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Strength or Consequences

Psychological Perspectives

 

September 14, 2017

Photo provided

Ken Silvestro, PhD

When people experience crises, such as the fire crisis in Seeley Lake or the loss of a loved one, there can be a variety of reactions. One of the most common reactions is to avoid their psychological needs and attempt to continue life as if nothing happened. People use phrases such: keep a stiff upper lip, cowboy-up, cowgirl-up or buck-up, to indicate that they are strong or should be strong, while experiencing crises. Ironically, this reaction is contrary to what people believe because it actually is a display of weakness not strength.

The so-called strength is nothing more than a lack of willingness or ability to meet one's emotions, to experience the vulnerability that always accompanies a crisis and to express one's emotions and vulnerabilities to others. This amounts to being unwilling or unable, to face oneself, which is certainly difficult. Often, we learn at an early age that experiencing ourselves with appropriate expressions is not acceptable to others. We learn to shut down or close off our natural human qualities. In this case, a healthy balance between facing our vulnerabilities and adjusting to a crisis is absent. Any human behavior or reaction that becomes one-sided or extreme is unhealthy.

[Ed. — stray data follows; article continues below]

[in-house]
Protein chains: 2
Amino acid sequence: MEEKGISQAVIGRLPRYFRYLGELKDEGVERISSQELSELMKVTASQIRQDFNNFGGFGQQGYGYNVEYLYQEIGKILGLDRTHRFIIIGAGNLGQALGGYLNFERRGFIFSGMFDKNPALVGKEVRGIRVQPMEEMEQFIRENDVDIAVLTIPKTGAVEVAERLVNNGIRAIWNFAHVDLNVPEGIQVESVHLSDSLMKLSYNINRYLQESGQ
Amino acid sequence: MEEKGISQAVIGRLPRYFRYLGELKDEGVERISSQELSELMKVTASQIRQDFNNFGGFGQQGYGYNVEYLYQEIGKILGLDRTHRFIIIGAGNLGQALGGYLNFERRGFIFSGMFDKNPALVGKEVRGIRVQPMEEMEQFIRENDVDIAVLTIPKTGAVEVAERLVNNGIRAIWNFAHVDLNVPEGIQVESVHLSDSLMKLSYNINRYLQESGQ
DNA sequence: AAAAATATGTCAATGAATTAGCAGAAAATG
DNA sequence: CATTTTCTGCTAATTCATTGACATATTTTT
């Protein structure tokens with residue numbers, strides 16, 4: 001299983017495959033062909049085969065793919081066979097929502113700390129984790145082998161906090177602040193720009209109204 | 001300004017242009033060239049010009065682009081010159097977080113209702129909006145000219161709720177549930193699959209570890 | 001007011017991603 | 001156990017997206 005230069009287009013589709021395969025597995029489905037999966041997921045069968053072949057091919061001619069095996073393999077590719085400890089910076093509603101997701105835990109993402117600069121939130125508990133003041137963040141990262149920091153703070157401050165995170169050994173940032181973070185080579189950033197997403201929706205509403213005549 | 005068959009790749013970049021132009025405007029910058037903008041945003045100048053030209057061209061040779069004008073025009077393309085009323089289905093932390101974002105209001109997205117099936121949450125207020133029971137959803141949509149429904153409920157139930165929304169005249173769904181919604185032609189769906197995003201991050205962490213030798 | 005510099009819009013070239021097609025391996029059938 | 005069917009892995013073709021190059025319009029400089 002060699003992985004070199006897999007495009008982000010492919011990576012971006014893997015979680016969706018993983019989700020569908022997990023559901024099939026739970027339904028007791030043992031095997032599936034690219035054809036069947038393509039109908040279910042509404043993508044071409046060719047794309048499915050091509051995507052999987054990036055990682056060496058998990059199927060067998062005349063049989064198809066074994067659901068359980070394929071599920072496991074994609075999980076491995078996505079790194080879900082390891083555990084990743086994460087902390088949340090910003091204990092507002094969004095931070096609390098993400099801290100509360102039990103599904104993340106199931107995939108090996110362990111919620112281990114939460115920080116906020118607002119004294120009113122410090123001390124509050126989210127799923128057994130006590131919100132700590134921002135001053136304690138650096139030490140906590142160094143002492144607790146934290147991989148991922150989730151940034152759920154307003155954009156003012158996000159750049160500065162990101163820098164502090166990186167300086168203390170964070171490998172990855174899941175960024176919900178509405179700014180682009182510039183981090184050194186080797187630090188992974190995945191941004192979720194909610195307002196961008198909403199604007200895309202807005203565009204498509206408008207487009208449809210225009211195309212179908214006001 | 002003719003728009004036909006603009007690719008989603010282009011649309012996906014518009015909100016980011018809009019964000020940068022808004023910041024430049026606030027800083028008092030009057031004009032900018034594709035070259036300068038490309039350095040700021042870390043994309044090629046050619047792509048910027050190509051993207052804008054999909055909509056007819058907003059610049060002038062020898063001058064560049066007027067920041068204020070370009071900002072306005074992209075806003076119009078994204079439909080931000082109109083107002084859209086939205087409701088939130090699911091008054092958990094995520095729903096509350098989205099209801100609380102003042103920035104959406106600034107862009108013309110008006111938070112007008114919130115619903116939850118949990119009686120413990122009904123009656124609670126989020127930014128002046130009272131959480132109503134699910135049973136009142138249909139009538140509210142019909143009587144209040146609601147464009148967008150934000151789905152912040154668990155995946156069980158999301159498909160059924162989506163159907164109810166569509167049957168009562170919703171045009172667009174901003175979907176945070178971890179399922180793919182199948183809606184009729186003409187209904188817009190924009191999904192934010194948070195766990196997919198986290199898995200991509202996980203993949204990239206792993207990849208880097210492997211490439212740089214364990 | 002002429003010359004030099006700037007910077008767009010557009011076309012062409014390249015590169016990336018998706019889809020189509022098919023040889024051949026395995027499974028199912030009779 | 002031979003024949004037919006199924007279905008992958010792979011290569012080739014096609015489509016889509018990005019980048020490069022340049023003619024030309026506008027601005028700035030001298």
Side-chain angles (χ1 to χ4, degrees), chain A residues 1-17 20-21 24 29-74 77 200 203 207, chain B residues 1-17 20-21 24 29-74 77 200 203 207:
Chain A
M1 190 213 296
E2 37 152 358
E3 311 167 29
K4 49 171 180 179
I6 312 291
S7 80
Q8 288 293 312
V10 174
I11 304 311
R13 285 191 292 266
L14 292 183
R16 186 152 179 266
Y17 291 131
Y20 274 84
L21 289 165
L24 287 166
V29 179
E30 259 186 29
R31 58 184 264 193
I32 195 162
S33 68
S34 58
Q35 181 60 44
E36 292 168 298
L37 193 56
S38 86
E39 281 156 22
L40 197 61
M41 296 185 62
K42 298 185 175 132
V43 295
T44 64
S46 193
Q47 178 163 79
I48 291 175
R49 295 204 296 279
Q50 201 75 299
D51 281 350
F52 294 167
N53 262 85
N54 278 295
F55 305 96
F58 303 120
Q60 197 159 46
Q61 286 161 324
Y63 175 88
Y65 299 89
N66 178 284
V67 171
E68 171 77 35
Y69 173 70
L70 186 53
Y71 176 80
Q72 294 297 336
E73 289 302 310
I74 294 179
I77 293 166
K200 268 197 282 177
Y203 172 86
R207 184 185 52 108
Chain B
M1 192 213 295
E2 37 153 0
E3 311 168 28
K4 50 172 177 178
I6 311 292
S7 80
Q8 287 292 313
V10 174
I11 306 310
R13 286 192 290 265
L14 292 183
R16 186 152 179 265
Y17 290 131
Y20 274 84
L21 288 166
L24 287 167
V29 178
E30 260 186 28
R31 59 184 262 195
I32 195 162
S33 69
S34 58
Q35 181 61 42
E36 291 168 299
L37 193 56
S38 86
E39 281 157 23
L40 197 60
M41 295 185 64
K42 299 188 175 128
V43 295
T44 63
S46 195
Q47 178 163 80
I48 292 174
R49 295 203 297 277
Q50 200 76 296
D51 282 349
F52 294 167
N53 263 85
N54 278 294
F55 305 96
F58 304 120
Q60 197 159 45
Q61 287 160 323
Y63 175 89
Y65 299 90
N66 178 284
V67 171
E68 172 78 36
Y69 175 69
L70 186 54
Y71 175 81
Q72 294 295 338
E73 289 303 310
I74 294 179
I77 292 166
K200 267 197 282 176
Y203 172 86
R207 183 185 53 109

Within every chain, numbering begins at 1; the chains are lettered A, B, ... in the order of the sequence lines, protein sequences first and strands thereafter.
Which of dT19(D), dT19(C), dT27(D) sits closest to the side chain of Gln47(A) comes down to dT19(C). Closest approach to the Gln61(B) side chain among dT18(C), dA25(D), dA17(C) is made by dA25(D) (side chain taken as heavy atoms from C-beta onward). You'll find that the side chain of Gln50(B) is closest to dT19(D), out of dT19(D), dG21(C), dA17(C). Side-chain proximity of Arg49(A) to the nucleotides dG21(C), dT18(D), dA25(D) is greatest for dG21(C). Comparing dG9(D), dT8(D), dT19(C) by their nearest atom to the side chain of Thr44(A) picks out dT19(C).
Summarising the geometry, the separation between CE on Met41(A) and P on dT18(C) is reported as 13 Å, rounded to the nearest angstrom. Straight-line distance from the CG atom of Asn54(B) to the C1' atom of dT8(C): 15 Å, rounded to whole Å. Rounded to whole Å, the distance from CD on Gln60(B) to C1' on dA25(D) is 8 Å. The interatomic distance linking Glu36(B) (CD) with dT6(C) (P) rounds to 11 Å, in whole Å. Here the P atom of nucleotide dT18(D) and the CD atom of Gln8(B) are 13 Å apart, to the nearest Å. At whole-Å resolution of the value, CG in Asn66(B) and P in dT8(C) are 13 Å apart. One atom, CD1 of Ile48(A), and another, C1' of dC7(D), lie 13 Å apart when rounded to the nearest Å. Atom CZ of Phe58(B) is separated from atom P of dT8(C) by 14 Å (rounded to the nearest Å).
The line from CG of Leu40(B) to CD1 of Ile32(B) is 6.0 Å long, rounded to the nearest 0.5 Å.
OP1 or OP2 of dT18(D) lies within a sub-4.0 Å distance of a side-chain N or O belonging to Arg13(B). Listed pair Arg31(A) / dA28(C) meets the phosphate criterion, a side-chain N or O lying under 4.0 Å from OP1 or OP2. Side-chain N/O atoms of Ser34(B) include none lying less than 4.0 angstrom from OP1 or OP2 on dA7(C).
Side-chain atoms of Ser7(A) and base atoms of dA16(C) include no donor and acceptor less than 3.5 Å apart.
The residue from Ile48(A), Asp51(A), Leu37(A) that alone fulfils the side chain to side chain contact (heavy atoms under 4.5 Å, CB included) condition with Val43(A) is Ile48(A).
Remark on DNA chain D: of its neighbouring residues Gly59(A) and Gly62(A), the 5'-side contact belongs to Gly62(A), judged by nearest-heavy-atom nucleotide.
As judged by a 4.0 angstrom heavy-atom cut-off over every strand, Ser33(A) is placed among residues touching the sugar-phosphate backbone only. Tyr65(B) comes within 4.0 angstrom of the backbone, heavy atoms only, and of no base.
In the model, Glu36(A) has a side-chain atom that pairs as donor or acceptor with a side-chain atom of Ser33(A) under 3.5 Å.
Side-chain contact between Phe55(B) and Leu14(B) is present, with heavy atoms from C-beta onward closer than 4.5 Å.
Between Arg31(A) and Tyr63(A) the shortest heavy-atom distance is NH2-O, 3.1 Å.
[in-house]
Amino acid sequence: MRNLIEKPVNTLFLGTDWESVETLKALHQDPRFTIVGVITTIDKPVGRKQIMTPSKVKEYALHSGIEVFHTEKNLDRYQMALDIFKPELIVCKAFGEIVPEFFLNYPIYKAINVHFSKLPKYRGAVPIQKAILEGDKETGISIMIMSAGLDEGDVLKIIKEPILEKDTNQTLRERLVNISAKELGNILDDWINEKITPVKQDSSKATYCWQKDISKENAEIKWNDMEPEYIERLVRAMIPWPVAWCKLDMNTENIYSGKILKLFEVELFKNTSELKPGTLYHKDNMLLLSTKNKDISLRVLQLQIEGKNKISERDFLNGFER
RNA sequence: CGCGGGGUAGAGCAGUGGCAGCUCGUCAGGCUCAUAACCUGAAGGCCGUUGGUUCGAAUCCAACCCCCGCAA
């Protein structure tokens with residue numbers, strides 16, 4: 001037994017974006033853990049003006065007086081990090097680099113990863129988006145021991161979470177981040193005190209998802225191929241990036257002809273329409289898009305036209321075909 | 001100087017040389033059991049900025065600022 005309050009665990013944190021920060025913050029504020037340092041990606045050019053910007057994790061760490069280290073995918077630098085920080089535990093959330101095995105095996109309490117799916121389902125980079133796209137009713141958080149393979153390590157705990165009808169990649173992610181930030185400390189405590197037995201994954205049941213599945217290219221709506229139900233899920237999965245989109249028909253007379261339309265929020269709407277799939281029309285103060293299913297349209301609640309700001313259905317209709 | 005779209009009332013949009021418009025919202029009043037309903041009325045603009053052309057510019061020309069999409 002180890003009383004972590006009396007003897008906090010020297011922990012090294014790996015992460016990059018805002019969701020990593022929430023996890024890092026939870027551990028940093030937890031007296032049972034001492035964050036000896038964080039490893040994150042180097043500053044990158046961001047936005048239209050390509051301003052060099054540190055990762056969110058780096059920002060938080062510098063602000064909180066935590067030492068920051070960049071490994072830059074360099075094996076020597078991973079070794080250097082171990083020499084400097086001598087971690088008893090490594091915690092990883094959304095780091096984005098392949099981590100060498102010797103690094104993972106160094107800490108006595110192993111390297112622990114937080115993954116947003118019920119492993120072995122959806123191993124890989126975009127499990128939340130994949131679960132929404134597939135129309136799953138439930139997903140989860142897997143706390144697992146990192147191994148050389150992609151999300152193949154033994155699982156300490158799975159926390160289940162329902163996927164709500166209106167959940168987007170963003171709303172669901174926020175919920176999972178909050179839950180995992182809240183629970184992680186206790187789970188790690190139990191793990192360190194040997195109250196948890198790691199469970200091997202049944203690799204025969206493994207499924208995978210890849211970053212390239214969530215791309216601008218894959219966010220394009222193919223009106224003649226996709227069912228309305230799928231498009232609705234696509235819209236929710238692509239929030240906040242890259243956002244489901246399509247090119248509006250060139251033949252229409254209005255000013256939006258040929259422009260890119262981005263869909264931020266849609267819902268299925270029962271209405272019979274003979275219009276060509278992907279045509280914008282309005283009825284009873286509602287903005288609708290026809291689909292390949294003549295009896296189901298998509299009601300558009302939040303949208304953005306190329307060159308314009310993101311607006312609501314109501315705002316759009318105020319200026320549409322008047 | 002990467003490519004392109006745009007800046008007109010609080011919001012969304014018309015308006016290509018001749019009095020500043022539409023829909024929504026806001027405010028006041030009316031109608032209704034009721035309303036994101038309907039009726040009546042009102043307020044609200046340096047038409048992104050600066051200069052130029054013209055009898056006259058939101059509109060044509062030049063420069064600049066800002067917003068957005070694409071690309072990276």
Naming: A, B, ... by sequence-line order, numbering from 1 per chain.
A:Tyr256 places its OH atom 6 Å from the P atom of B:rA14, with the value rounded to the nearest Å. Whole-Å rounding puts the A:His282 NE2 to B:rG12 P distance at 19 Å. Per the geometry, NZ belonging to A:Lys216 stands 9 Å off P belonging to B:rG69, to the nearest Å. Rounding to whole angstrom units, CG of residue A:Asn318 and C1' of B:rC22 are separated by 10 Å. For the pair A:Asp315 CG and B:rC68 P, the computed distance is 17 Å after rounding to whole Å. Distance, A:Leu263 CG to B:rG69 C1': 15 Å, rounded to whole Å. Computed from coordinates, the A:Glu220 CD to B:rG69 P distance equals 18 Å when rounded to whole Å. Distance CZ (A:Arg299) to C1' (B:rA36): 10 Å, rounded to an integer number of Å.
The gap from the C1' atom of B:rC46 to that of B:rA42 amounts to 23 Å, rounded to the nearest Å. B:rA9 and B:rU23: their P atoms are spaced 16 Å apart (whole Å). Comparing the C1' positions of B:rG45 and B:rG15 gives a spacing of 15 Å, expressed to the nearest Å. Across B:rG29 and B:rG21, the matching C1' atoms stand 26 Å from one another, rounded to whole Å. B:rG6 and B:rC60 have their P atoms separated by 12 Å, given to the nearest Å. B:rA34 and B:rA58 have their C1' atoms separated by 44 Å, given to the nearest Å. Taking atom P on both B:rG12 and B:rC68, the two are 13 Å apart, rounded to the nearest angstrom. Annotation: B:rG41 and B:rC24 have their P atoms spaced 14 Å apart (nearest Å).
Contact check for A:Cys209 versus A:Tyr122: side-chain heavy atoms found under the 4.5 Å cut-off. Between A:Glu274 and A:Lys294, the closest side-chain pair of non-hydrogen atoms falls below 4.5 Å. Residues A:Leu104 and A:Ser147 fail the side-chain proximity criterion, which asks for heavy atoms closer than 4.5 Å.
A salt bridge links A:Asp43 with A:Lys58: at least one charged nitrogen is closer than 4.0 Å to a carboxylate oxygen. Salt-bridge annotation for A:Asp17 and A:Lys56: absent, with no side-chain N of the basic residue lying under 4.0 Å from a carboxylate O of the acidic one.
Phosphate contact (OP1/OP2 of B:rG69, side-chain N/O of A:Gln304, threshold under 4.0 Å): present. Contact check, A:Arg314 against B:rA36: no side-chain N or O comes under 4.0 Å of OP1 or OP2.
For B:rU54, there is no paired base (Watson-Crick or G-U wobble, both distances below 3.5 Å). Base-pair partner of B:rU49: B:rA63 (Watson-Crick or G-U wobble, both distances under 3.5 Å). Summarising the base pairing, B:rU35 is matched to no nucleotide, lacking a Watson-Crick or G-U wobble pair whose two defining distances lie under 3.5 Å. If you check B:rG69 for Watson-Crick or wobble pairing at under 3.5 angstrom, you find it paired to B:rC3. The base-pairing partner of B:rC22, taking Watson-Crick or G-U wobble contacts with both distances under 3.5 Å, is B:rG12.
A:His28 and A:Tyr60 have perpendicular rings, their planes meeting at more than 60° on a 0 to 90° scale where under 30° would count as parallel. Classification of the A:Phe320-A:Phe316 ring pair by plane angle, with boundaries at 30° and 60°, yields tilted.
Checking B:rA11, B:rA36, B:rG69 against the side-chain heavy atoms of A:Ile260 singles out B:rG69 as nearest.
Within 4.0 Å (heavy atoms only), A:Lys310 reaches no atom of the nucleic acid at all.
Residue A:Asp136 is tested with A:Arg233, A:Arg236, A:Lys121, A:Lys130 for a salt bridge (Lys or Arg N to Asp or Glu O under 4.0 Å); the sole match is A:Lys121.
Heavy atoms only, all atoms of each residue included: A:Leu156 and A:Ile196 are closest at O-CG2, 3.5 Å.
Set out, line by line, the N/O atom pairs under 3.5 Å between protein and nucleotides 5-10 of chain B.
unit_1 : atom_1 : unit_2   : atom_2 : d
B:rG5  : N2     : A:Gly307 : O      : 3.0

There are many reasons to be realistic with oneself during a crisis. One of the most important reasons is to prevent ill health. When we shut down, or buck-up, we prevent the natural flow of physical and psychological energy from moving. We divert this energy from its natural path of expression. Consider a creek that becomes jammed up. Where will that water flow? Well, an alternative path must form around or to the side of the obstruction due to the energy of the water. The natural flow is blocked and an alternative path is developed. We can consider this to be what happens in our bodies and psychologies as well. Over time, consequences develop that are similar to the alternative flow of the creek. We develop unnatural conditions or illnesses, as a result of blockages.

With the death of a loved one, a natural reaction involves expressing the grief and a gradual adjustment to living without the person. In the case of a crisis, such as the fires, various emotions ranging from fear to anger are natural. Along with emotions, one's immortality and fragile existence while adjusting to the crisis are necessary and healthy expressions.

During this very difficult time and crisis in our hometown, hopefully more people will find their way to healthy expressions rather than attempting to just be strong.

 

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